Asia finals 

The Seoul Dynasty came into the grand finals match against the Shanghai Dragons with an inconsistent record in the overall season and the May Melee as a whole. Looking at the first three maps of this series, no one would have believed it. Dynasty DPS Kim “Fits” Dong-eon showed that Seoul isn’t all about Profit, tearing through Shanghai’s backline.

With a commanding 3-0 lead in the first-to-four series, it looked like Seoul had an easy finals win in the bag. But Shanghai simply said, “no.” 

After a series of substitutions to refresh their lineup, the Dragons seemed to finally look alive. Main tank Lee “Fearless” Eui-seok roared in on his Winston, bringing a level of leadership and excitement to the roster. Shanghai DPS Kim “Fleta” Byung-Sun, a former member of the Seoul Dynasty, reminded fans why the term “Fleta Deadlift” exists.

In an unbelievable testament to fortitude, the Shanghai Dragons reverse swept the Seoul Dynasty by winning four maps in a row. As the winners of the Asia May Melee bracket, the Dragons earned $40,000 for their team and added three wins to their season record.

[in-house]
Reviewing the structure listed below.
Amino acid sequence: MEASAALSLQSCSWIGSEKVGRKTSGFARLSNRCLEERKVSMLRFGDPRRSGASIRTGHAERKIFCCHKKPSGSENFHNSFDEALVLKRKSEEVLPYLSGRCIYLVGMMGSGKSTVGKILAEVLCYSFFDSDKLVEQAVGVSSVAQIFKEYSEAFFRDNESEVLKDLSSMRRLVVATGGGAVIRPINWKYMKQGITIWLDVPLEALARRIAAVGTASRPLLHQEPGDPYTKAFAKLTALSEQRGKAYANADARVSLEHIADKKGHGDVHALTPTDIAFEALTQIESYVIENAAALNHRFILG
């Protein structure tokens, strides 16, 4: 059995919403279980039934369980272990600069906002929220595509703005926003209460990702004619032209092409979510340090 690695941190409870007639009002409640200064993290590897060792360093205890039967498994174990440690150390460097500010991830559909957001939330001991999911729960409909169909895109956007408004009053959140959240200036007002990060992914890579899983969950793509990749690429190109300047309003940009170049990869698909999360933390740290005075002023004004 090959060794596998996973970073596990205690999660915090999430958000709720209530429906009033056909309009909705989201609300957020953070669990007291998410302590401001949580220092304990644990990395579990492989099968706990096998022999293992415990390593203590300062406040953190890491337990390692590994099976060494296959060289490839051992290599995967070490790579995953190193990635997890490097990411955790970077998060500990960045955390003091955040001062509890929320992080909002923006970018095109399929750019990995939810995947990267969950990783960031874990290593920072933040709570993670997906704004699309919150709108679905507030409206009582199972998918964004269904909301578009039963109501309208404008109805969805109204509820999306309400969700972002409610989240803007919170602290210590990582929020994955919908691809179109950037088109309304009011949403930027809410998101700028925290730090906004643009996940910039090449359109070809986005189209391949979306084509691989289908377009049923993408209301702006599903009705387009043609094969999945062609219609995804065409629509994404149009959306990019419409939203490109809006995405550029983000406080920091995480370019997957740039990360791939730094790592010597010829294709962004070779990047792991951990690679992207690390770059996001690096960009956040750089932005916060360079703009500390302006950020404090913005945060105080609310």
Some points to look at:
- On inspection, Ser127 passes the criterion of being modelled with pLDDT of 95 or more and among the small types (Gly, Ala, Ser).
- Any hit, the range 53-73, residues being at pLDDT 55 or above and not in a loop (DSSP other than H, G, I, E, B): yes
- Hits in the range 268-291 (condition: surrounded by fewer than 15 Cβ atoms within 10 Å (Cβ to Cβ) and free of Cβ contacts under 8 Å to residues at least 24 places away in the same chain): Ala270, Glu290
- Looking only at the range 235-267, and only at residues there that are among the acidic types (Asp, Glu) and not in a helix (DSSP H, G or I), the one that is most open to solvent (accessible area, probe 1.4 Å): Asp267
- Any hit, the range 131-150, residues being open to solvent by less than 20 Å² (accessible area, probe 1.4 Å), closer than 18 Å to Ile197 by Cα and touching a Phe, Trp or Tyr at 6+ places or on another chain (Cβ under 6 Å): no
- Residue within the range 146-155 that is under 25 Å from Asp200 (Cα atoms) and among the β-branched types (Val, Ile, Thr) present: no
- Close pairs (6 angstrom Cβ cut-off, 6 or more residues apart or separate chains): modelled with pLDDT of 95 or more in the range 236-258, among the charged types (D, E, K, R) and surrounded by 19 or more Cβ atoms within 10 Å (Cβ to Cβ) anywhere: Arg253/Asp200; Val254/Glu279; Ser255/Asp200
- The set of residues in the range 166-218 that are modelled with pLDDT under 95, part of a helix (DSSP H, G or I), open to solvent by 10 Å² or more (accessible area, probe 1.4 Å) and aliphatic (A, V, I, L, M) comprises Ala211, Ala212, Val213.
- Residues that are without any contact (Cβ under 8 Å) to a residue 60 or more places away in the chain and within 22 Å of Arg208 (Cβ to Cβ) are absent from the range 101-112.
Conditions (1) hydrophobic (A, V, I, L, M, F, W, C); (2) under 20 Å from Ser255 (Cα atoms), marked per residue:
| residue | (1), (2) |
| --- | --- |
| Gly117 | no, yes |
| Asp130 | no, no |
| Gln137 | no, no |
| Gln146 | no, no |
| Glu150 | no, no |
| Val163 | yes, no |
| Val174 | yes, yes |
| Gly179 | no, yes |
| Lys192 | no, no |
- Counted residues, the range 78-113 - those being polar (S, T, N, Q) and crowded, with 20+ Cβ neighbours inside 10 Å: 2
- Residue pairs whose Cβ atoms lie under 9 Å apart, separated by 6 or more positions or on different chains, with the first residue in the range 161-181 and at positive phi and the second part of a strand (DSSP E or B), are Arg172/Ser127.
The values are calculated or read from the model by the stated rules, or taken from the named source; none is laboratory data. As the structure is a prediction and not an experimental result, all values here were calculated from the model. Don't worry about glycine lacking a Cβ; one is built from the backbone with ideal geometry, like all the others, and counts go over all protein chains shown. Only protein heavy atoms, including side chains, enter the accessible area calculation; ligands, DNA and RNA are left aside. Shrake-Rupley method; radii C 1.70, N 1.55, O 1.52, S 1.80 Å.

North America semifinals 

Yesterday, the Los Angeles Valiant eked out an upset win against the Paris Eternal. For the majority-rookie team, this win upped their confidence before their semifinal match against first-seeded San Francisco Shock. This wasn’t the first tournament rodeo for the Shock, however, and they showed the Valiant what that experience can do. Los Angeles’ DPS and support lineups made impressive plays, but their aggression fed directly into the big picture plan of the Shock. With a 3-0 sweep, the Shock made their way into the North America finals. 

The other half of the semifinals wasn’t so cut and dry. The Florida Mayhem, in the middle of the longest winning streak in the organization’s history, were put up against the Philadelphia Fusion. Philadelphia’s roster has been enjoying their spot at the top of the Atlantic Division for most of the 2020 Overwatch League season. Florida took their battle directly to the top, though. Star DPS Kim “Yaki” Jun-gi faced off against Philadelphia’s Lee “Carpe” Jae-hyeok, never shying away from a one-vs-one battle. The Mayhem made it to the grand finals with a 3-1 victory over the Fusion.